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The Human Age: The World Shaped By Us by…
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The Human Age: The World Shaped By Us (original 2014; edition 2014)

by Diane Ackerman

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235972,192 (3.65)6
Member:gregvogl
Title:The Human Age: The World Shaped By Us
Authors:Diane Ackerman
Info:W. W. Norton & Company (2014), Edition: 1, Hardcover, 352 pages
Collections:Your library
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The Human Age: The World Shaped By Us by Diane Ackerman (2014)

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» See also 6 mentions

Showing 1-5 of 9 (next | show all)
up-to-date ( )
  mahallett | Nov 9, 2018 |
From brushing our teeth with "ancient trilobites, coral and other fossils," a Seed Vault in Norway, a DNA Ark in Nottingham, England, 3-D printers that can create body parts and the possibility of our plants texting their complaints on our care giving via smartphones or tablets. That last one was disturbing. I'm not sure I want to know what my plants are thinking. I really liked the chapter "Blue Revolution" in which Bren Smith discusses growing "kelp in winter and eary spring; red seaweed in June and September; oysters, scallops and clams year-round and mussels in the spring and fall. Since this book was published a kelp farm has been established in Puget Sound with the hope that it might reduce the water's acidity as the kelp uses five times the CO2 than land plants. In April 2018 Lesley Stahl from "60 Minutes" did a piece on kelp farming and it was equated with planting trees in the sea.
A very interesting book though I still don't want my plants talking to me ( )
  lisa.schureman | Oct 10, 2018 |
Must have been a fun book to write. I wonder about the funding. Ackerman seemed to be able to travel quite a bit to interview experts on their home turf, an aspect of nonfiction that always enhances readability. I was surprised and less interested in all the futurism and cultural aspects. Like science advancements and the state of the human race that seemed to have little bearing on our geo/ecological effect on the planet. Ackerman has skills and background. A doctorate in something where Carl Sagan was one of her advisors, for instance. She is optimistic and ready to wonder and the many marvels, which is fun. A little sexy even in her zest for life. I would have to look back again at the book to put my finger on what made up the book's narrative arc. ( )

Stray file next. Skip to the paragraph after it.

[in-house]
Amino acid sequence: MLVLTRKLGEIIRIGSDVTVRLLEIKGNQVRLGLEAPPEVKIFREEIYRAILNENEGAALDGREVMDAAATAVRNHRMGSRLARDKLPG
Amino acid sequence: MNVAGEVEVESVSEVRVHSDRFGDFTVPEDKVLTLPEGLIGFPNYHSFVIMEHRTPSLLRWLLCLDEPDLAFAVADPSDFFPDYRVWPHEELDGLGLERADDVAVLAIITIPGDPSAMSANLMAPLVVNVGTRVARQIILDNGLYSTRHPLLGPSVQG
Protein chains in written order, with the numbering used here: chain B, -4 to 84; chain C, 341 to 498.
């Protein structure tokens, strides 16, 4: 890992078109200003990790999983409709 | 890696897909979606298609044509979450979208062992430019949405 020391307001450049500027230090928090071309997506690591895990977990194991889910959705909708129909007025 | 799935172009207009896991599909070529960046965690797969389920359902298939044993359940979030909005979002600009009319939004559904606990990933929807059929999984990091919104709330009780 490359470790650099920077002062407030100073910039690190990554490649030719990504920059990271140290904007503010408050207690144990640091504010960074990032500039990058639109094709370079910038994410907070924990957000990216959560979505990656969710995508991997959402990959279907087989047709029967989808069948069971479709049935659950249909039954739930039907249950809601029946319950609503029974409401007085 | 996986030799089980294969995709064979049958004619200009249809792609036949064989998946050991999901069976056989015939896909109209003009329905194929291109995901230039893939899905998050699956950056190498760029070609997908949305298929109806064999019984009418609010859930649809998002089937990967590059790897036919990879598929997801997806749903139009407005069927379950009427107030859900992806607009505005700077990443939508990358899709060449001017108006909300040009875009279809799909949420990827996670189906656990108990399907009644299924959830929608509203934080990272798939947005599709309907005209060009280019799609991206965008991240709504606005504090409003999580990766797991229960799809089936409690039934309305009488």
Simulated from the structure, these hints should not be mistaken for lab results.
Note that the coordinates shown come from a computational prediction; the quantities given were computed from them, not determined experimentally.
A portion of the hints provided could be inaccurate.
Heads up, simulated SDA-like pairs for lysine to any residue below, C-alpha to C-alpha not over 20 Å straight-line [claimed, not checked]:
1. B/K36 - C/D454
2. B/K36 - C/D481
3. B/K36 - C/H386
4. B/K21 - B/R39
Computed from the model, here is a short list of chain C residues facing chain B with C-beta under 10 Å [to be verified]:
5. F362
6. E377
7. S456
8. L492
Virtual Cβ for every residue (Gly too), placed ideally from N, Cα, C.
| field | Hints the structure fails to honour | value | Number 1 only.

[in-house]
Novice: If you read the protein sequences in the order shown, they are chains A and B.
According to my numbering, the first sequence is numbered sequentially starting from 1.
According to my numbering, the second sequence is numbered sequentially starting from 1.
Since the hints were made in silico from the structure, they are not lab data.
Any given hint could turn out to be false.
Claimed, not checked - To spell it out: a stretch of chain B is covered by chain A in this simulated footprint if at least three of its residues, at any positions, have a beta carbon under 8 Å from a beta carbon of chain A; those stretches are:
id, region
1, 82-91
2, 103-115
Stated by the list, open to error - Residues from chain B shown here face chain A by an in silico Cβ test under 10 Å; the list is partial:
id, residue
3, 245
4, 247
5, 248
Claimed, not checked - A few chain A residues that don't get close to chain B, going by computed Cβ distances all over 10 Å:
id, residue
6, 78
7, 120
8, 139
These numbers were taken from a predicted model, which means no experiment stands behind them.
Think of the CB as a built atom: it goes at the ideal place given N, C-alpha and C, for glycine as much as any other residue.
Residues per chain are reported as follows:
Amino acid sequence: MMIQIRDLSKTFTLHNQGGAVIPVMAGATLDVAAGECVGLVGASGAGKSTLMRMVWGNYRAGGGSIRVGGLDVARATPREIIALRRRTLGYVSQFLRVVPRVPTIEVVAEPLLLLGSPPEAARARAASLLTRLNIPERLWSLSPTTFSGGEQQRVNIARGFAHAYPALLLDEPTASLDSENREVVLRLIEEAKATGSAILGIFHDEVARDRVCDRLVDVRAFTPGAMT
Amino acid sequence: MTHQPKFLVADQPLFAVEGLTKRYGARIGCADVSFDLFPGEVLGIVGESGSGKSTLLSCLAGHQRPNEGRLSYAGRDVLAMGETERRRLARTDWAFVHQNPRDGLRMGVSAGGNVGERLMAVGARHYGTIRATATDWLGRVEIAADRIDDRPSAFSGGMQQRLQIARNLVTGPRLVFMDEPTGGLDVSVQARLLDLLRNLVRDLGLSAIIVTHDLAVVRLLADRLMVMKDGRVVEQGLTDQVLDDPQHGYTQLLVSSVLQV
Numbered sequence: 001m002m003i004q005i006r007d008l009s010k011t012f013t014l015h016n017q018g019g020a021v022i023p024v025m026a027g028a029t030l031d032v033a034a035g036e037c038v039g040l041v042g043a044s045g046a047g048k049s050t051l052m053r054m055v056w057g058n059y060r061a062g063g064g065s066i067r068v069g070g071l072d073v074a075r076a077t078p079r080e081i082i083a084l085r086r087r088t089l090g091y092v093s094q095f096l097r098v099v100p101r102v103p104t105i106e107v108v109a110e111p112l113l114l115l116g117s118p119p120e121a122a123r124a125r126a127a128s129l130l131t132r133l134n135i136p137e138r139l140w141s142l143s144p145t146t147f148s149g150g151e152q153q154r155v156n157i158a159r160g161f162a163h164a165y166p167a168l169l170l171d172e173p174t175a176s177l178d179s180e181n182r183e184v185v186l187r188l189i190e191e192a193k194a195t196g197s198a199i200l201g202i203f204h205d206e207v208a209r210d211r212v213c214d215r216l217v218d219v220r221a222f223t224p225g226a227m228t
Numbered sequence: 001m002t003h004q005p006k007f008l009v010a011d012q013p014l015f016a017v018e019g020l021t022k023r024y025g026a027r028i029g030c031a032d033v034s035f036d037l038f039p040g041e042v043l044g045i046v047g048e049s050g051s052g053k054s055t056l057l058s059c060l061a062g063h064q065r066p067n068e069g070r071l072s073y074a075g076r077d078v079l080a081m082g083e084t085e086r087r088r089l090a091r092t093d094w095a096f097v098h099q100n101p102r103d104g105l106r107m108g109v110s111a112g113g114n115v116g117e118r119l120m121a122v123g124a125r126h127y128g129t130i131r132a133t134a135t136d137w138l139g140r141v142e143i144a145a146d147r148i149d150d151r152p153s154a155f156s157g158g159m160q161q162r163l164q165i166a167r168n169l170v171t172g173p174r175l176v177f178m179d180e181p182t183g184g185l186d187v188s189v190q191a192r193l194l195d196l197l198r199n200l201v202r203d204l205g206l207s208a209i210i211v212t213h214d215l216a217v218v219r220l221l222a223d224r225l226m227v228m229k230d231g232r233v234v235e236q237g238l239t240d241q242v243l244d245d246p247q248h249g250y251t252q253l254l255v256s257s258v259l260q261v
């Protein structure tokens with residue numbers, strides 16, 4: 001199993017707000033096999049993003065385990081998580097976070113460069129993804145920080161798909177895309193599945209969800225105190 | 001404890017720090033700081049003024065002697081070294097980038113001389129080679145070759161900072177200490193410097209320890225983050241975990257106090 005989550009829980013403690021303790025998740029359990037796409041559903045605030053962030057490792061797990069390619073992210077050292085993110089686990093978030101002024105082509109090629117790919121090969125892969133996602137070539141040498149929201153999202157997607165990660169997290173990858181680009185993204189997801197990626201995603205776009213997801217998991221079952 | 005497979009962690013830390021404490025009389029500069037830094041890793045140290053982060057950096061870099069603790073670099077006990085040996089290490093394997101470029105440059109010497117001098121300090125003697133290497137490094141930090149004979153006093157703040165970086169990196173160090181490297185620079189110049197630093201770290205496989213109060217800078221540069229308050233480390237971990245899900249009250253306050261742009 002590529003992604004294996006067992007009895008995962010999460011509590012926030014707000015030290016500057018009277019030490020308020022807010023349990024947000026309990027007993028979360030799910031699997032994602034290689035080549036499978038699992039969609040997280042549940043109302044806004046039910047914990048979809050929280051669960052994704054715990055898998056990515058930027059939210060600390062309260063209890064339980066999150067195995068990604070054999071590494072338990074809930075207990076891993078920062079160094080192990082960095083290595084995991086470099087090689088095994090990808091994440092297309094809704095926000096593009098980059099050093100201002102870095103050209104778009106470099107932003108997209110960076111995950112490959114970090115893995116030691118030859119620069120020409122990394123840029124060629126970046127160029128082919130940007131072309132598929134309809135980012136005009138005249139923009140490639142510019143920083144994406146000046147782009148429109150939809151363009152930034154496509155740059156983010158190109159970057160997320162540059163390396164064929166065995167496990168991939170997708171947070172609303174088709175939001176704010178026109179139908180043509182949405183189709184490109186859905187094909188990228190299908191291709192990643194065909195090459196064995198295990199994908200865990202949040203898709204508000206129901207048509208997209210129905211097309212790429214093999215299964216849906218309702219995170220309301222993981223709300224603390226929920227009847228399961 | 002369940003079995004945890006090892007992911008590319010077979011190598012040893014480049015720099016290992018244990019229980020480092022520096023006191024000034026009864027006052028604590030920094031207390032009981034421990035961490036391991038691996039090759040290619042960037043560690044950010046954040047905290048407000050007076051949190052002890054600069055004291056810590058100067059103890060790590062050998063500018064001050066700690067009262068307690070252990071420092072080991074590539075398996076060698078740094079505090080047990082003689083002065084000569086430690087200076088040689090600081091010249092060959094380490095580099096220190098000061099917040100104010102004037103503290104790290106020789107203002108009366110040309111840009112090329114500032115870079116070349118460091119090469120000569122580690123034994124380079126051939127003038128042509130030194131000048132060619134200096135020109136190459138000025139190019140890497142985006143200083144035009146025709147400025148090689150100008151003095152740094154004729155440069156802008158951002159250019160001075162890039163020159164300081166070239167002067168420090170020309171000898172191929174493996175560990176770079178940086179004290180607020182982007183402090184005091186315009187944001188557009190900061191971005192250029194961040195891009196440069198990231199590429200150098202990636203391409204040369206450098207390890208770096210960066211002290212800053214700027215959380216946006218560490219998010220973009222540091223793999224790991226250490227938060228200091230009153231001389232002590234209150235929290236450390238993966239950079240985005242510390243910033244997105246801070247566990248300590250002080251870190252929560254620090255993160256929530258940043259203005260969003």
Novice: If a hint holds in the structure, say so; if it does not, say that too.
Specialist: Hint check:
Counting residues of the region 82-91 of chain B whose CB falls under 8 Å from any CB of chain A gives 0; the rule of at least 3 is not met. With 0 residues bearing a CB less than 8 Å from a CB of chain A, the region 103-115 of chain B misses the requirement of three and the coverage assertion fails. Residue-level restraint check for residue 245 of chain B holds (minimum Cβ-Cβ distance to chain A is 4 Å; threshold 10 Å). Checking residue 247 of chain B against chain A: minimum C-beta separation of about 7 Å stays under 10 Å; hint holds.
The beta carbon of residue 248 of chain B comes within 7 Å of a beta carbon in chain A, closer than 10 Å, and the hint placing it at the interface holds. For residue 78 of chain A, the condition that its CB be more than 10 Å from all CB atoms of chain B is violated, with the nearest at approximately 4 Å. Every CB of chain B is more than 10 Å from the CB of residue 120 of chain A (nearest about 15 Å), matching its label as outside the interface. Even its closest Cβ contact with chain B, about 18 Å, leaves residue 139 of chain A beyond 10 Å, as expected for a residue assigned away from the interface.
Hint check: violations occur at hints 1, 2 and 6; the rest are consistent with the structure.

Mark-Bailey | Jul 1, 2017 |
I felt that the prose tended to be too be too flowery at times for the subject, sometimes to the point of distraction, but the subject and anecdotes of the book are interesting. ( )
  DLMorrese | Oct 14, 2016 |
Must have been a fun book to write. I wonder about the funding. Ackerman seemed to be able to travel quite a bit to interview experts on their home turf, an aspect of nonfiction that always enhances readability. I was surprised and less interested in all the futurism and cultural aspects. Like science advancements and the state of the human race that seemed to have little bearing on our geo/ecological effect on the planet. Ackerman has skills and background. A doctorate in something where Carl Sagan was one of her advisors, for instance. She is optimistic and ready to wonder and the many marvels, which is fun. A little sexy even in her zest for life. I would have to look back again at the book to put my finger on what made up the book's narrative arc. ( )
  torreyhouse | Jun 25, 2016 |
Showing 1-5 of 9 (next | show all)
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Amazon.com Product Description (ISBN 0393240746, Hardcover)

“Our relationship with nature has changed . . . radically, irreversibly, but by no means all for the bad. Our new epoch is laced with invention. Our mistakes are legion, but our talent is immeasurable.”

Our finest literary interpreter of science and nature, Diane Ackerman is justly celebrated for her unique insight into the natural world and our place (for better and worse) in it.

In this landmark book, she confronts the unprecedented fact that the human race is now the single dominant force of change on the planet. Humans have “subdued 75 percent of the land surface, concocted a wizardry of industrial and medical marvels, strung lights all across the darkness.” We now collect the DNA of vanishing species in a “frozen ark,” equip orangutans with iPads, create wearable technologies and synthetic species that might one day outsmart us. Ackerman takes us on an exciting journey to understand this bewildering new reality, introducing us to many of the people and ideas now creating—perhaps saving—our future.

The Human Age is a beguiling, optimistic engagement with the earth-shaking changes now affecting every part of our lives and those of our fellow creatures—a wise book that will astound, delight, and inform intelligent life for a long time to come.

(retrieved from Amazon Thu, 12 Mar 2015 18:19:52 -0400)

"Humans have subdued 75 percent of the land surface, concocted a wizardry of industrial and medical marvels, strung lights all across the darkness. We tinker with nature at every opportunity; we garden the planet with our preferred species of plants and animals, many of them invasive; and we have even altered the climate, threatening our own extinction. Yet we reckon with our own destructive capabilities in extraordinary acts of hope-filled creativity ... Ackerman [explores] our new reality, introducing us to many of the people and ideas now creating--perhaps saving--our future and that of our fellow creatures"--Amazon.com.… (more)

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